Budget-friendly when compared to other cooking oils, this oil is obtained by crushing the seeds of a type of rapeseed plant, (the canola), which comes from the same family as broccoli and cabbage. It also has the lowest content of saturated fat present in any oil and works well when used for baking, fries and sautéing, as it has a relatively medium smoking point.
A well-embraced oil for making Indian and exceptionally-tasting Mexican dishes.
Coconut Oil: Containing over 90% of saturated fats, which makes it resistant to heat, coconut oil has very powerful benefits and is a great choice for high heat cooking. It becomes solid at room temperature and can last for months (even years) without going bad. It is surprisingly rich in Luaric acid, which is a fatty acid that is known to improve cholesterol, as well as kill pathogens and bacteria. A great source of energy and taste, coconut oil is highly recommended for healthy cooking.
Olive oil: Well-known for the effects it has on the heart, the monounsaturated fat it possesses makes it a great choice to fight breast cancer and heart disease. It lowers the cholesterol level in the body and is ideal for breakfast and a great improvement to the Mediterranean diet. It is fairly resistant to heat and is used widely around the world for cooking. The extra virgin olive oil is great for sautéing and light salad dressing, while the regular olive oil is widely used for frying.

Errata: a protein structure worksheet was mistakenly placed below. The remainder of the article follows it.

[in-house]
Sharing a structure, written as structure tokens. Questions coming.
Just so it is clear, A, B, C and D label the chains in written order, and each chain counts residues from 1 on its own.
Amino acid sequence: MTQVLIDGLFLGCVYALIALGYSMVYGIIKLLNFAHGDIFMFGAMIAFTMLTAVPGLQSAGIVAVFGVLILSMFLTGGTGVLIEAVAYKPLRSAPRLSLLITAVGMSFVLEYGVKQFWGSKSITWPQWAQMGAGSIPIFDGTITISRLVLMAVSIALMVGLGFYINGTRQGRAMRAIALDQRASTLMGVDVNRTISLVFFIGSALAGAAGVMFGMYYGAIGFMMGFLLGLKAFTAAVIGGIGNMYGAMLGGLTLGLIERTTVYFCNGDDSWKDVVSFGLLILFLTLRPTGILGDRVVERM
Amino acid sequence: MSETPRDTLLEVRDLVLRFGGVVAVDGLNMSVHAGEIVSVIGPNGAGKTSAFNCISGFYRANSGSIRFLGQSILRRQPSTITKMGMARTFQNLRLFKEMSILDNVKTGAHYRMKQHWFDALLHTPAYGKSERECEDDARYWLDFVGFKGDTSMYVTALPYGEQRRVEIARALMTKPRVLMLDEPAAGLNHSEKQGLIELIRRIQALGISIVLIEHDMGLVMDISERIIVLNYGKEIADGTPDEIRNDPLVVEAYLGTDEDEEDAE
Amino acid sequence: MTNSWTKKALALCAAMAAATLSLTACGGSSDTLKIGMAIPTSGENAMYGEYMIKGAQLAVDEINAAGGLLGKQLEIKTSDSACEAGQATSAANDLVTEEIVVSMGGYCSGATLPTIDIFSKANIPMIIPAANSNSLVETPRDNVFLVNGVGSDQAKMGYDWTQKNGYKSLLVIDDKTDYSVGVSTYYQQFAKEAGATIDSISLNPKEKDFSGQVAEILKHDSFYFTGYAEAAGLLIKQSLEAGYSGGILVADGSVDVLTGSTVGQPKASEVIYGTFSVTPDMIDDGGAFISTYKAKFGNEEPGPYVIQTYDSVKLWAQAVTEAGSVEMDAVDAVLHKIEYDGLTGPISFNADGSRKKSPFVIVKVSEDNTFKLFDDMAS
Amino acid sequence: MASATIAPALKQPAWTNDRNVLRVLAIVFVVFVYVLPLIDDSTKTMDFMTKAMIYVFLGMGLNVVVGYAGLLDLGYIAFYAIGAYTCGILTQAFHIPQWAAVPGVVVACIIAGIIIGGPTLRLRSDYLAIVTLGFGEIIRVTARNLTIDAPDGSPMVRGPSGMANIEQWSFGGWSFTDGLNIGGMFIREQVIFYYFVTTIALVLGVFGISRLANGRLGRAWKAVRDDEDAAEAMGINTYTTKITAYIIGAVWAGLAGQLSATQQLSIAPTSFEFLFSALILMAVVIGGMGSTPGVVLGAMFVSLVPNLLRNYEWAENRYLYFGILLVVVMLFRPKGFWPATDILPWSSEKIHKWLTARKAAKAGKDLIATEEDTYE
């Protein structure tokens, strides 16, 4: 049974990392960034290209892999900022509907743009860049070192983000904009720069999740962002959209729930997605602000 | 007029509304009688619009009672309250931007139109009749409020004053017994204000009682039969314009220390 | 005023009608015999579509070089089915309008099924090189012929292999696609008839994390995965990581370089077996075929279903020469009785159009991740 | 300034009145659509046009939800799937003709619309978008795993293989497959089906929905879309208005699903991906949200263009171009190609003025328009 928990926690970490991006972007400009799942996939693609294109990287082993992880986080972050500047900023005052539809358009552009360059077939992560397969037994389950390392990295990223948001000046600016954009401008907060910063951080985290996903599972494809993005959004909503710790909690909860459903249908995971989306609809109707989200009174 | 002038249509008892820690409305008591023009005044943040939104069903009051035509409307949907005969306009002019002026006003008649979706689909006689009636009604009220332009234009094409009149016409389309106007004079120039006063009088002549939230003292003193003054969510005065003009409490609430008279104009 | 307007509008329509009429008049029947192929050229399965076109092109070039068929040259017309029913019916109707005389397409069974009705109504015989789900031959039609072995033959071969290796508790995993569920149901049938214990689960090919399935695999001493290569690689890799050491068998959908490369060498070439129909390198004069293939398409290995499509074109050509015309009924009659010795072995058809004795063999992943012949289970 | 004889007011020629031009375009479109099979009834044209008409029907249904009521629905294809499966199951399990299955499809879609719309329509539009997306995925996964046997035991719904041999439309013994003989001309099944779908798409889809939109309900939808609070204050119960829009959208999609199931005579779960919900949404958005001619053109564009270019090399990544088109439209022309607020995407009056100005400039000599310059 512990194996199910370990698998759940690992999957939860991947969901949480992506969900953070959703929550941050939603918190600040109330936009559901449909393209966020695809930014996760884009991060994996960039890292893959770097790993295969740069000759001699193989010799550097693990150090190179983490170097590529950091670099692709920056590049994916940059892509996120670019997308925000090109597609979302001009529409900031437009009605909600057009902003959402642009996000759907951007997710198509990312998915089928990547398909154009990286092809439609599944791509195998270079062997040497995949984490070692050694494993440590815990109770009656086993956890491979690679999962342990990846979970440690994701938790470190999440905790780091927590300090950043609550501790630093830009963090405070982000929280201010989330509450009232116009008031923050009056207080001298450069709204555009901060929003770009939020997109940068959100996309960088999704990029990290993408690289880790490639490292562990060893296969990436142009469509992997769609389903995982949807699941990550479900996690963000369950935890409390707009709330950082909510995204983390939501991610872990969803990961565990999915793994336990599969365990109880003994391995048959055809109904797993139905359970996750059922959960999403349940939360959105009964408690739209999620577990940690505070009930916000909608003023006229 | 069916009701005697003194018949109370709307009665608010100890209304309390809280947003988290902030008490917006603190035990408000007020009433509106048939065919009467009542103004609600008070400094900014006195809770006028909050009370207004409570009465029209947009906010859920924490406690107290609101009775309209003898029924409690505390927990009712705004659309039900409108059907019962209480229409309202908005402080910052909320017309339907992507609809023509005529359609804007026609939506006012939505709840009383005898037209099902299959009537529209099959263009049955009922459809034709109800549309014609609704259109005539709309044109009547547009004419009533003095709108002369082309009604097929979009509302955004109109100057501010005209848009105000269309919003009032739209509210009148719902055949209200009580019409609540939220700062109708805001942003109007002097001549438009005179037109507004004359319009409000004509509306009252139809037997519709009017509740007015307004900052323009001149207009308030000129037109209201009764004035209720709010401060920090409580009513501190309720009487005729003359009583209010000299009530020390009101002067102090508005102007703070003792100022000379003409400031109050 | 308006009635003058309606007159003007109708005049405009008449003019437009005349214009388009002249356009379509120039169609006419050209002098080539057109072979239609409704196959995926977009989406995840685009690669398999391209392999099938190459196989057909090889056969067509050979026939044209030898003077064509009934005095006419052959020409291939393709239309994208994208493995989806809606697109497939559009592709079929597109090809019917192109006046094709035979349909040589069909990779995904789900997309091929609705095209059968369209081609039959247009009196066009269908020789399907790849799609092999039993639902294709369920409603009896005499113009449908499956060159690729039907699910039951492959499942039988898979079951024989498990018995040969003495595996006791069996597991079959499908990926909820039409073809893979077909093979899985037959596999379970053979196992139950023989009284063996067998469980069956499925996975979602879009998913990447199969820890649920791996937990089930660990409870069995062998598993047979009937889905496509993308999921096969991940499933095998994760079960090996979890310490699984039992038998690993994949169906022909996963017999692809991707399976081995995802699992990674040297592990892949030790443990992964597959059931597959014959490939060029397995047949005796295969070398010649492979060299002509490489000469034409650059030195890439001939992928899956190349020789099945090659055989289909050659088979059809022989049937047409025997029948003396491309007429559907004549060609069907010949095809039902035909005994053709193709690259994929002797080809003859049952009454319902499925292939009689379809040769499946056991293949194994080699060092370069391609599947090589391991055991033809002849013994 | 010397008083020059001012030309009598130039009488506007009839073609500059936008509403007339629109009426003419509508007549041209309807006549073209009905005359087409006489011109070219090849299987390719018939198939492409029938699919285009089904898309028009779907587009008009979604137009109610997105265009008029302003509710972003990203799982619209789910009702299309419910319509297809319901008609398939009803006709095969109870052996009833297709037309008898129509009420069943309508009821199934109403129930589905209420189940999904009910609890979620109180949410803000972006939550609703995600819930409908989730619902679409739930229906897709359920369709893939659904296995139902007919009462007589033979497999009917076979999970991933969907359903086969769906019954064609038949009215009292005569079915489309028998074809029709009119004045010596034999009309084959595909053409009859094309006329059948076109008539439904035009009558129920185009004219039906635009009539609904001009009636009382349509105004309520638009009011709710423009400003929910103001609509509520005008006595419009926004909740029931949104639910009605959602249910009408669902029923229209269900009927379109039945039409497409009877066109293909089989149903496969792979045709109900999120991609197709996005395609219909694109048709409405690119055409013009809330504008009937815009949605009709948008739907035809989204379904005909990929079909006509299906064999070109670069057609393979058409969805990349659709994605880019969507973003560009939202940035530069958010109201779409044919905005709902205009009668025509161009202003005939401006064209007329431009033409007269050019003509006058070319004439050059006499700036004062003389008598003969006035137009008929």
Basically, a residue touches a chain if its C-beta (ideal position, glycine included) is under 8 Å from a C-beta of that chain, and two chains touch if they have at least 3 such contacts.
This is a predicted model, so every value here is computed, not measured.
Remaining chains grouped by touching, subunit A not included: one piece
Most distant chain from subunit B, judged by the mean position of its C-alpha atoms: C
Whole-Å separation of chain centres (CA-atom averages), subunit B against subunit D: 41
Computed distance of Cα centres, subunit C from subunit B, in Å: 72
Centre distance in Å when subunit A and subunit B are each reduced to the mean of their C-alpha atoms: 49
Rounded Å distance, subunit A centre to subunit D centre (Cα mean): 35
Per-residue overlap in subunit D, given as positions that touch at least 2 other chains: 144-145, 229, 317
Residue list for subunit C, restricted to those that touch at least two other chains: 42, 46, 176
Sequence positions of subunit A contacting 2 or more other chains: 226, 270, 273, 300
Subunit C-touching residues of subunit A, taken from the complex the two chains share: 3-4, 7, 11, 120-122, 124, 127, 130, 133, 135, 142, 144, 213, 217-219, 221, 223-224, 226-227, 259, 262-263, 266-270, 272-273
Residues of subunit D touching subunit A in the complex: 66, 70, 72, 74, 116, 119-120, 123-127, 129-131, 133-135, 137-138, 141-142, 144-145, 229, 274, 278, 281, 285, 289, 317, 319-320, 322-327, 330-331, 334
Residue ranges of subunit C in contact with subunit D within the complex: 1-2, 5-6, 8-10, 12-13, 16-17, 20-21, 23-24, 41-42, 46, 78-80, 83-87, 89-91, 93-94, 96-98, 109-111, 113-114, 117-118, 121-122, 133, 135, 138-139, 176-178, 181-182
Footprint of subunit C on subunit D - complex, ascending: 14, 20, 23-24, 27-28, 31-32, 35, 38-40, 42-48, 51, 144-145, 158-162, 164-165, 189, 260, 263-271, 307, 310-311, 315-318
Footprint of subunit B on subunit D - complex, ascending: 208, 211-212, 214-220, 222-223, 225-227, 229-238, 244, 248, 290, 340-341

Palm Oil: Derived from the fruit of the oil palms, palm oil contains mostly monounsaturated and saturated fats, but with trace amounts of polyunsaturated fats, making it a recommended choice for cooking. The unrefined red palm oil is rich in Coenzyme Q10, Vitamin E, as well as other nutrients.
Leading health expert, Dr Shikha Sharma, claims that since there isn’t a single oil that contains all the necessary fatty acids (in the ratio at which the body needs them), it is a healthy option to rotate or change the oils that you consume. According to him, “Your body needs different essential fatty acids. A combination of saturated fatty acids, polyunsaturated fats and monounsaturated fats will do well in keeping your body and diet healthy.”
In addition to their diet and lifestyle benefits, oils – especially coconut oil – have also been getting a lot of attention recently for their health benefits, including weight loss, skin regeneration and dental hygiene.
“In the field of dental health for example, you can use coconut oil as part of your dental health to help attack harmful bacteria in the mouth that causes bad breath, fights gum disease, reduce plaque and prevent tooth decay and loss,” says Dr. Cecil Luong of Tigersmile Dentistry.
On a final note, don’t forget to take care of your cooking oils and ensure they do not turn rancid. If you cook a lot and are sure you can use up a lot of oil in a short period of time, then buy in large batches. If not, consider buying small batches, so they don’t get the chance to go bad.